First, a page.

Organisms have evolved sophisticated and redundant mechanisms to manage oxidative and electrophilic challenges that arise from internal metabolism or xenobiotic challenge for survival. NF-E2-related factor 2 (Nrf2) is a transcription factor that has evolved over millennia from primitive origins, with homologues traceable back to invertebrate Caenorhabditis and Drosophila species. The ancestry of Nrf2 clearly has deep-seated roots in hematopoiesis, yet has diversified into a transcription factor that can mediate a multitude of antioxidant signaling and detoxification genes. In higher organisms, a more sophisticated means of tightly regulating Nrf2 activity was introduced via the cysteine-rich kelch-like ECH-associated protein 1 (Keap1), thus suggesting a need to modulate Nrf2 activity. This is evidenced in Keap1-/- mice, which succumb to juvenile mortality due to hyperkeratosis of the gastrointestinal tract. Although Nrf2 activation protects against acute toxicity and prevents or attenuates several disease states, constitutive activation in some tumors leads to poor clinical outcomes, suggesting Nrf2 has evolved in response to a multitude of selective pressures. The purpose of this review is to examine the origins of Nrf2, while highlighting the versatility and protective abilities elicited upon activation. Various model systems in which Nrf2 is normally beneficial but in which exaggerated pharmacology exacerbates a physiological or pathological condition will be addressed. Although Darwinian principles have selected Nrf2 activity for maximal beneficial effect based on environmental and oxidative challenge, both sub- or super-physiological effects have been noted to be detrimental. The functions of Nrf2 thus suggest a hormetic factor that has evolved empirically over time.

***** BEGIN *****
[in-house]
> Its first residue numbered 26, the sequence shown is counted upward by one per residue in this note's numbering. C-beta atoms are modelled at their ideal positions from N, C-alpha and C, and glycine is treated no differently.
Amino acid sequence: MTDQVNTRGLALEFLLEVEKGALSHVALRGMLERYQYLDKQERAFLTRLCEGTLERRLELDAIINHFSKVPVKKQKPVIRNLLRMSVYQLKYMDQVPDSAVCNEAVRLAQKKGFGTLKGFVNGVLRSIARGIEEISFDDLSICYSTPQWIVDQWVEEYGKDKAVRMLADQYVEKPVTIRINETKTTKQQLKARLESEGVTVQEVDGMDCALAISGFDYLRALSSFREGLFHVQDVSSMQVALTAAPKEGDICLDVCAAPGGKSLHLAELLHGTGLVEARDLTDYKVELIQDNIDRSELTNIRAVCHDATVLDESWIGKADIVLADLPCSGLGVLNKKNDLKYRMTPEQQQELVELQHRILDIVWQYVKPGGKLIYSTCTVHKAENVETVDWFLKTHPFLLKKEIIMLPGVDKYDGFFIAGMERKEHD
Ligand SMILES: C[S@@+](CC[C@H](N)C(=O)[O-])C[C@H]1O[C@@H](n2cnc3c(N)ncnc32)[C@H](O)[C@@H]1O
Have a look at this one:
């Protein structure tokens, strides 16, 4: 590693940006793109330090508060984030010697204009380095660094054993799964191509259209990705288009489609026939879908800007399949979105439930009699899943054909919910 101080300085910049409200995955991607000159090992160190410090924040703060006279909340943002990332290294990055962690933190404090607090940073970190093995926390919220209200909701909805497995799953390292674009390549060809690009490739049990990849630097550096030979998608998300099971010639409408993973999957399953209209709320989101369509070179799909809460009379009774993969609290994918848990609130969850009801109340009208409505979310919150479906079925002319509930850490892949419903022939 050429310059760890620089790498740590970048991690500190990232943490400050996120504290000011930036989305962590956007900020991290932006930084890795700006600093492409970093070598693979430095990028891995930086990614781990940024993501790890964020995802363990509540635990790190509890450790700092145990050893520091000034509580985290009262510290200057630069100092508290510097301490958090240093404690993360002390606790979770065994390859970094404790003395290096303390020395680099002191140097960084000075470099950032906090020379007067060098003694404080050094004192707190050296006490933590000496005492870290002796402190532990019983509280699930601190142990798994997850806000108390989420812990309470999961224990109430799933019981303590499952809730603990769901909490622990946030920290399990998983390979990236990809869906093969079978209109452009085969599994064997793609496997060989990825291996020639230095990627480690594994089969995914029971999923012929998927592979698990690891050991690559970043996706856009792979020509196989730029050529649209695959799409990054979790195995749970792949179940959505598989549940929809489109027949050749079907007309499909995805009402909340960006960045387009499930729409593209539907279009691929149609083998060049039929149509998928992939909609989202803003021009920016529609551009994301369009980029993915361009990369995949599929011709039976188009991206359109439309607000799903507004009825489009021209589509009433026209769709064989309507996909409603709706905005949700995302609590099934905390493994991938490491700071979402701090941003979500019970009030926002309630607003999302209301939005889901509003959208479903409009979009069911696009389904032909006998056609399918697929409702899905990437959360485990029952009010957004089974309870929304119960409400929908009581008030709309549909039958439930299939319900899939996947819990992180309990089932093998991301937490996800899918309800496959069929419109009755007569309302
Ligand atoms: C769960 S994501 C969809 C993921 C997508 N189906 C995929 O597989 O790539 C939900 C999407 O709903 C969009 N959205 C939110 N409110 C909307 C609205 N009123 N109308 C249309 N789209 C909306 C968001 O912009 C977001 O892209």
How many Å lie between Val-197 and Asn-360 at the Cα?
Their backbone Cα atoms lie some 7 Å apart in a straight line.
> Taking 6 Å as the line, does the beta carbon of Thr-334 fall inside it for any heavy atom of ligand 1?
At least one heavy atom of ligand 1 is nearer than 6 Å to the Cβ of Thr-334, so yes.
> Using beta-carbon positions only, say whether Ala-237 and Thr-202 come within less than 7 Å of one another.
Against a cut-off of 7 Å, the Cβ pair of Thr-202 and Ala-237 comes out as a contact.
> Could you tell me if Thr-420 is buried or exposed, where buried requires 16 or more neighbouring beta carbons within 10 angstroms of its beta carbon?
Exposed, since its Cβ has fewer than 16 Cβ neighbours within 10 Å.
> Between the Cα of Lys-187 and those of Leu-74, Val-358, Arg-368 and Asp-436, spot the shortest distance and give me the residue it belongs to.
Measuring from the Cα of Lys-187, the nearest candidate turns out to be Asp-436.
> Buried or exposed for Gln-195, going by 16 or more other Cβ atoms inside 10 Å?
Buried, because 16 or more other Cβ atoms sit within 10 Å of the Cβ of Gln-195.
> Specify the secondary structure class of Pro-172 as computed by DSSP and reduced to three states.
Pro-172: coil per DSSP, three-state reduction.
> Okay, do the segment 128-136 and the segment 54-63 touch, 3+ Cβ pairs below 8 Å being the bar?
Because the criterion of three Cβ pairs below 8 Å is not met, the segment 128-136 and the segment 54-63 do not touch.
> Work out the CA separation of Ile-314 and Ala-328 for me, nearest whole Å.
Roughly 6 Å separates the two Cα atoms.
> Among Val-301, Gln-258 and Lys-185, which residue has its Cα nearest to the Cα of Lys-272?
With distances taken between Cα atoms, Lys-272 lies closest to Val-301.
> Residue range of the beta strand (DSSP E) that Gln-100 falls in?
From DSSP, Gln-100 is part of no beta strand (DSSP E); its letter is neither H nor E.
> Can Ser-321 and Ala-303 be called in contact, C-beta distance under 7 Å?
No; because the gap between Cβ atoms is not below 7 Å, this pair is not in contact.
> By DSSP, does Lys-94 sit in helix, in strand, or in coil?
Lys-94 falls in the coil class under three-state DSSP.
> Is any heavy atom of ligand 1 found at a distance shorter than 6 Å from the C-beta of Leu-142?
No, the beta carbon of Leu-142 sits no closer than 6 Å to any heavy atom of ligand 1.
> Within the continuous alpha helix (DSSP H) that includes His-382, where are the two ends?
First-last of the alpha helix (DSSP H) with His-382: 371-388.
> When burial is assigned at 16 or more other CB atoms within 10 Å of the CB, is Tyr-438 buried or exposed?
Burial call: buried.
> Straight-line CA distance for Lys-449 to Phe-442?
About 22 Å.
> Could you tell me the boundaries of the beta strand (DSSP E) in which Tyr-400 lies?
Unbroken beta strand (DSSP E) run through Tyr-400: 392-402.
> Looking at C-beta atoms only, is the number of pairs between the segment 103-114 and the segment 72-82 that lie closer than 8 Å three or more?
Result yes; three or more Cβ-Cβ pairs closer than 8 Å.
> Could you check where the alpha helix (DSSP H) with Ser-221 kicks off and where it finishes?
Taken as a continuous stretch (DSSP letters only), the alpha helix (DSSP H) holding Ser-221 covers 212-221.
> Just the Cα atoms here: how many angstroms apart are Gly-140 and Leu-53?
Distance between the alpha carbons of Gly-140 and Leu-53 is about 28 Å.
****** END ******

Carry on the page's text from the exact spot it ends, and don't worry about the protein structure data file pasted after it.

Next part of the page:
- Multidrug resistance
- Oxidative stress